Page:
Wednesday, February 11, 2015

The Zebra Safari gets of to an interesting start.

At Alalay Foundation. Children in street situation Training.
The first three weeks have whizzed by, we’ve been thrown head-first into our projects and it’s been the most exciting time. Working with the Zebras our work has been slightly more disjointed than other teams, as our partner the DCC, has been very busy facing numerous important politic situations. However we have found other fantastic organisations to help; Fundacion Arco Iris and Alalay. With these partners we will be working with young people and children, giving workshops on a variety of subjects.

Alalay's Villages 
Alalay is an organisation working with street children aged 3+, helping them have a normal childhood, and build skills to help them find work later in life. We’ve been developing workshops about human rights, art, sport, self esteem and noise pollution to use with the 10-15 year olds. It’s been challenging, especially as none of us have extensive experience working with children, let alone children from such complex backgrounds. However, we are very happy with what we have produced and really hope that it will be enjoyable and informative for them. It’s exciting to work on something that will have direct recipients and beneficiaries. We have also been developing workshops to work with the four Arco Iris centres in La Paz, however the audience varies hugely from centre to centre, two work with boys from deprived and homeless backgrounds, one works with girls also from disadvantaged backgrounds, and the last is a refuge for teenage mothers. We’ve adapted the workshops for each groups, and I cannot wait to see the results.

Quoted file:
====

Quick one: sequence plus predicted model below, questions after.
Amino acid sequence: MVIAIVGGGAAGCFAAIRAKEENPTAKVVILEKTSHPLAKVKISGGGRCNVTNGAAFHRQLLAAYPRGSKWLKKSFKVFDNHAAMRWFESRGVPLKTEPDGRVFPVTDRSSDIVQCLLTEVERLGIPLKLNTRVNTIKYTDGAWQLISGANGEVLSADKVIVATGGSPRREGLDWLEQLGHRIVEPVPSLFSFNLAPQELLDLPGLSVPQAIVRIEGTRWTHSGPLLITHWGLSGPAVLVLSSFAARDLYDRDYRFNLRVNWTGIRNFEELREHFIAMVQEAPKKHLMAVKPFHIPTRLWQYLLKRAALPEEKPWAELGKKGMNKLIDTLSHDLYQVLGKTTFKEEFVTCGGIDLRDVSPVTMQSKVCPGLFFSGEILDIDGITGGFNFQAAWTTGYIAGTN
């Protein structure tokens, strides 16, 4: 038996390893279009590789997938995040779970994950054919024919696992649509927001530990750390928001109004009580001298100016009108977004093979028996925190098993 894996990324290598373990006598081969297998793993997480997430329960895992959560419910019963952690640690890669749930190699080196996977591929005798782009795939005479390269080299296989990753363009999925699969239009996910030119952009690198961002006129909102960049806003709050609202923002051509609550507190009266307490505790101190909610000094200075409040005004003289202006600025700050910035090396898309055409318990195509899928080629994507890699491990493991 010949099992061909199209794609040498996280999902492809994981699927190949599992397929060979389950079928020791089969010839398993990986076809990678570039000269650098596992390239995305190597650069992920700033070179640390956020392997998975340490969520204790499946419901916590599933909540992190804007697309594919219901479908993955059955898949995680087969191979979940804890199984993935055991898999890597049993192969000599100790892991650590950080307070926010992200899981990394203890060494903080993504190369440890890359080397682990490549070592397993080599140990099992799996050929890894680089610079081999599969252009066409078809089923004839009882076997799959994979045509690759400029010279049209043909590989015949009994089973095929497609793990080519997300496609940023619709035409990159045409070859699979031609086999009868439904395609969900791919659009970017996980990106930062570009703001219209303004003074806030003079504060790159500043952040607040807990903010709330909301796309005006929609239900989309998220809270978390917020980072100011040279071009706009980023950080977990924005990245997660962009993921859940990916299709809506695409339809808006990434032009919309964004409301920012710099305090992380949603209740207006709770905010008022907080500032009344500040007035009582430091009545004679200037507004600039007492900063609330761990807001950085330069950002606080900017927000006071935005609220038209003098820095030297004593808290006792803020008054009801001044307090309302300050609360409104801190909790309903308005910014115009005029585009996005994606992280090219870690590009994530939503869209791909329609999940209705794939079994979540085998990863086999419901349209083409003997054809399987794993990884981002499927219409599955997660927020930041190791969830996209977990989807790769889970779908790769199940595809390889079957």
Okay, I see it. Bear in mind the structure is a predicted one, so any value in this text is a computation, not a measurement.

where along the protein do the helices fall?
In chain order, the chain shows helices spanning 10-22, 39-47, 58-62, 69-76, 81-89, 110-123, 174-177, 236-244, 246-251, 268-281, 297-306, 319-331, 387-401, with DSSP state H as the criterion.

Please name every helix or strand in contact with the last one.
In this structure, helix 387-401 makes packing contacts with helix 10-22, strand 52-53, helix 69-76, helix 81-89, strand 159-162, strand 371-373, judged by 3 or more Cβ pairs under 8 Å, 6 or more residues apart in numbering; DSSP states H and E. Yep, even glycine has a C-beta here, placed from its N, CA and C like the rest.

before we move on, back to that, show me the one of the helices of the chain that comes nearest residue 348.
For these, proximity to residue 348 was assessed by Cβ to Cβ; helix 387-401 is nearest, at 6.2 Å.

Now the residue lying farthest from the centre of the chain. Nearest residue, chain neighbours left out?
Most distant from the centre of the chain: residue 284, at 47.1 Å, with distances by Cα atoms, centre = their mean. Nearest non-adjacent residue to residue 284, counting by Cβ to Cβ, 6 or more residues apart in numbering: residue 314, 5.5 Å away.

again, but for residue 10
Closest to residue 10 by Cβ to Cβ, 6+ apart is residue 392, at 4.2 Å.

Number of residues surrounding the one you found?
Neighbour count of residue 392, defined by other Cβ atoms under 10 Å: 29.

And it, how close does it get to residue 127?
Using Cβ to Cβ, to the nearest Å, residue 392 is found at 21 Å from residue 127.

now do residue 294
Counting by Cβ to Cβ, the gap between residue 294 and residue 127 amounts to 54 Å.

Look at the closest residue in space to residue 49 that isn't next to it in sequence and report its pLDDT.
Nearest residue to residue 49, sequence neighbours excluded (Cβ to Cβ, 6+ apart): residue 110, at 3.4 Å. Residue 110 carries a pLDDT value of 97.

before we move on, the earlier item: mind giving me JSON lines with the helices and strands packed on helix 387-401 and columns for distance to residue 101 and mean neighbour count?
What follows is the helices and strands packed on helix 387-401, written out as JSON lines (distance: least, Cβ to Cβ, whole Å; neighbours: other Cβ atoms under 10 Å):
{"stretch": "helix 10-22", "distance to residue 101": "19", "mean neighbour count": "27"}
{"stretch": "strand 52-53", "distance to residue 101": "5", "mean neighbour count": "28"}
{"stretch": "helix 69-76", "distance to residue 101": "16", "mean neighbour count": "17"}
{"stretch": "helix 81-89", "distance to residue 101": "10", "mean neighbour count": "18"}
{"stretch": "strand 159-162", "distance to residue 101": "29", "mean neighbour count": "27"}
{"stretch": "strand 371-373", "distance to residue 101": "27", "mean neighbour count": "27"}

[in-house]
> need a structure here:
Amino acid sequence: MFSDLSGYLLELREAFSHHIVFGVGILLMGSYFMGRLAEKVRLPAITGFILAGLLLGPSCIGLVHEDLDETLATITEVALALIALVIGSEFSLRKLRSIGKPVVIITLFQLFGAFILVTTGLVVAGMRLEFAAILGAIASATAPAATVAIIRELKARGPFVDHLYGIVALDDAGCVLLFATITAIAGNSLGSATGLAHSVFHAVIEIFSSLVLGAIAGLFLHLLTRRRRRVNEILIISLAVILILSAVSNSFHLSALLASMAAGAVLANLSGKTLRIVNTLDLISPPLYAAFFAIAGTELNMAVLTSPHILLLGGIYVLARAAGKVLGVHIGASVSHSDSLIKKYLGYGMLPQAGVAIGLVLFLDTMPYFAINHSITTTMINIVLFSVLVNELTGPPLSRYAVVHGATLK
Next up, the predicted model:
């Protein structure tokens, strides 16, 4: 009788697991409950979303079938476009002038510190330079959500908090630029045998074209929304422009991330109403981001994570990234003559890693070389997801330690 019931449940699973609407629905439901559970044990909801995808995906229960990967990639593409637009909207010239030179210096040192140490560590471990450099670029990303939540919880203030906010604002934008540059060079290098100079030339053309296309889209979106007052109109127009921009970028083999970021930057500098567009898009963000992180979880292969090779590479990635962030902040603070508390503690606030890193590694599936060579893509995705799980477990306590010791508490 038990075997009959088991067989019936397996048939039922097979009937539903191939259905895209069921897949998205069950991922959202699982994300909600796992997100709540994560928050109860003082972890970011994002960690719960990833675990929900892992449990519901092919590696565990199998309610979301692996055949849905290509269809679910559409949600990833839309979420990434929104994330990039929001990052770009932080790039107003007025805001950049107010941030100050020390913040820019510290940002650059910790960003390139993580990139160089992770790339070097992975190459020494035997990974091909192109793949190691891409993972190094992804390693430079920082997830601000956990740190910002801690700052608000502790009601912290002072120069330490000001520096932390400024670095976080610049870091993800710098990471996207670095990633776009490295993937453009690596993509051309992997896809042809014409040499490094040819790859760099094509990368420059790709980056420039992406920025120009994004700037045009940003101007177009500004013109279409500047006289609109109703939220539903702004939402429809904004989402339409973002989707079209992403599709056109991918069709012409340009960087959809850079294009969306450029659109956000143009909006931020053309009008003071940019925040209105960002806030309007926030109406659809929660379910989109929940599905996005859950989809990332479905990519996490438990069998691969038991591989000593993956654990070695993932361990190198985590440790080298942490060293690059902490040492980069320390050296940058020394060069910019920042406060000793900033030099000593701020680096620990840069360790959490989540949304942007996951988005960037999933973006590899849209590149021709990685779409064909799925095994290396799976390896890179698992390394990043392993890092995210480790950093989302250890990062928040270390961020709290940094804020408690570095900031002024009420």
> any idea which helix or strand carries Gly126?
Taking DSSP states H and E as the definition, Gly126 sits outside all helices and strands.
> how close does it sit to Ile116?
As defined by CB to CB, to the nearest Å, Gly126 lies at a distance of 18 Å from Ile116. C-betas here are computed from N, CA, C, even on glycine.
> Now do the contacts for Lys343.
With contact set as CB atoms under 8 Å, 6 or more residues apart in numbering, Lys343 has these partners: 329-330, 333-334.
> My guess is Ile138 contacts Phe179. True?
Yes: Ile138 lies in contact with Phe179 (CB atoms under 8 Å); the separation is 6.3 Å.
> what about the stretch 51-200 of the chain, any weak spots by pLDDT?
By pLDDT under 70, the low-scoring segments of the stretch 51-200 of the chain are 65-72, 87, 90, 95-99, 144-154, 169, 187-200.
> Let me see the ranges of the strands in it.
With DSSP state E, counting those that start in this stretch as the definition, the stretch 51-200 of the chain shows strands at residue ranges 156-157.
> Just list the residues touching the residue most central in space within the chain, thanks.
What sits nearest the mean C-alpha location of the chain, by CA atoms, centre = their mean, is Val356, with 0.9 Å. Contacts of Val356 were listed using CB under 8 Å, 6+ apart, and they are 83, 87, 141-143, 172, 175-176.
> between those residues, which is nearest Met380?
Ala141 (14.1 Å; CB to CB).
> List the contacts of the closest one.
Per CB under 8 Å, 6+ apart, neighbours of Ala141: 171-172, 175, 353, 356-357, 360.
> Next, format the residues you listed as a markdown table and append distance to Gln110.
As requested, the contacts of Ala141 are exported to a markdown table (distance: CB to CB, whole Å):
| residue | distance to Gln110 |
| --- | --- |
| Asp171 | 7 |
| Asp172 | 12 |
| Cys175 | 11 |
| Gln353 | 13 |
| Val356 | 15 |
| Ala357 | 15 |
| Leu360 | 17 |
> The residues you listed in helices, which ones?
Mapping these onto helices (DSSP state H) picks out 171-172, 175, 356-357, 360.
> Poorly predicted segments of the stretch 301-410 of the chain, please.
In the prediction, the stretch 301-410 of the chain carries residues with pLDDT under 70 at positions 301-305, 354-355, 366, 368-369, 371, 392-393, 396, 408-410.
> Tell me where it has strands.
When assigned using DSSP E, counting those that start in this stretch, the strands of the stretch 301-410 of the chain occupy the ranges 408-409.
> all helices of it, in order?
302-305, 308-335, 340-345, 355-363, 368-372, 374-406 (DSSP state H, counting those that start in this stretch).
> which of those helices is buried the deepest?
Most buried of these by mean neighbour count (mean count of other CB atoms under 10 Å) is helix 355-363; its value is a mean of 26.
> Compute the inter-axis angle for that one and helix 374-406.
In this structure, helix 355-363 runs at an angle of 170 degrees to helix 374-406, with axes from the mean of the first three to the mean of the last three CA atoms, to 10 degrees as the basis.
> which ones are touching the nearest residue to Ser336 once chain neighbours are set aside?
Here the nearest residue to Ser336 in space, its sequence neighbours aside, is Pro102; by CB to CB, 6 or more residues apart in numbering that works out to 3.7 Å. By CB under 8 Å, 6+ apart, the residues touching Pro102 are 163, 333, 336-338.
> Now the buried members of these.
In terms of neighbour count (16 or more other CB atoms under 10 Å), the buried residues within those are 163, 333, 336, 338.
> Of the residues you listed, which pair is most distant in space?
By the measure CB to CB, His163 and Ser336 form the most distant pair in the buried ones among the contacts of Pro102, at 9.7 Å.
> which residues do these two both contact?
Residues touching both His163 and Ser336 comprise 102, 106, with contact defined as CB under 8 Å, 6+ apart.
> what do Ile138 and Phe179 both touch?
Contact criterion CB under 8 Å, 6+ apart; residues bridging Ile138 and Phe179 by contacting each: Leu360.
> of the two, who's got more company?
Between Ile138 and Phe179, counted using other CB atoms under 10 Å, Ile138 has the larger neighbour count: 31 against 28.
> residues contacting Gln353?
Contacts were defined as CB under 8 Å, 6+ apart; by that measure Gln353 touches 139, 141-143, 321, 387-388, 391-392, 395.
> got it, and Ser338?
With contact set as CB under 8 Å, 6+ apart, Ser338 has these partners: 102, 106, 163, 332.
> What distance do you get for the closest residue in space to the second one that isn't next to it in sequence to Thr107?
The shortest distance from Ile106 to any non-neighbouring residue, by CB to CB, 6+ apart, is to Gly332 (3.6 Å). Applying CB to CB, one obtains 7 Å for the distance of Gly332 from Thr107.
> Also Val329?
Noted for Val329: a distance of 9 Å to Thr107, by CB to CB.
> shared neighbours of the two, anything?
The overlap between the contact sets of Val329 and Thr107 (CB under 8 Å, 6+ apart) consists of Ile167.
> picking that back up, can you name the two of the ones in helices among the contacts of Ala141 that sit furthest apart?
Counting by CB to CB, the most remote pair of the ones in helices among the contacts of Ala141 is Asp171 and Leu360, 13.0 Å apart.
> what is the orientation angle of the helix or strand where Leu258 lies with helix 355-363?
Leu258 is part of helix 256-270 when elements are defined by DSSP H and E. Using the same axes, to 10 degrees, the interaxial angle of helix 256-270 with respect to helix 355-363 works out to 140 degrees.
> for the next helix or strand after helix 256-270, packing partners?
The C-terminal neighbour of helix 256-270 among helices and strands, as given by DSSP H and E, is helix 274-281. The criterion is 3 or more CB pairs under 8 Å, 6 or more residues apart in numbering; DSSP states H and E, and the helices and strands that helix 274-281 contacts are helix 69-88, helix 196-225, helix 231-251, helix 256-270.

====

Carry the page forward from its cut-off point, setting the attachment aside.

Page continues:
The entire Team at Alalay's Villages

Children steps at Alalay's Villages

These weeks have made me realise that development work is so much more than building hospitals and delivering care packages. Bolivia is a country of huge economic disparity, my host family live in a spacious apartment in an affluent area of the capital city and have most luxuries we have at home, wifi, televisions, central heating, yet there is no social services equivalent, no free basic healthcare, and the poorly performing state schools are outnumbered by fee-paying schools. Much of the work we do is not life or death, it is helping the people that have no safety net to fall on when bad times hit, or enforcing the less noted human rights; the right to rest and relaxation, the right to feel safe, the right to play and socialise. It is these issues that I feel we take for granted in the developed world, even more so than basic human needs such as food and water. Although it will be hard to see the long term impact on the children and young people we will be giving these workshops to, for us it will be so rewarding to know that we’ve given these people a fun, constructive use of their time, something that so many of them are lacking as there simply are not the resources in their centres for anything but the basics. I also know that I and the rest of the team are working our hardest to make sure that these workshops are so much more than that, we want to give these young people more belief in themselves, and more confidence in the world around them.

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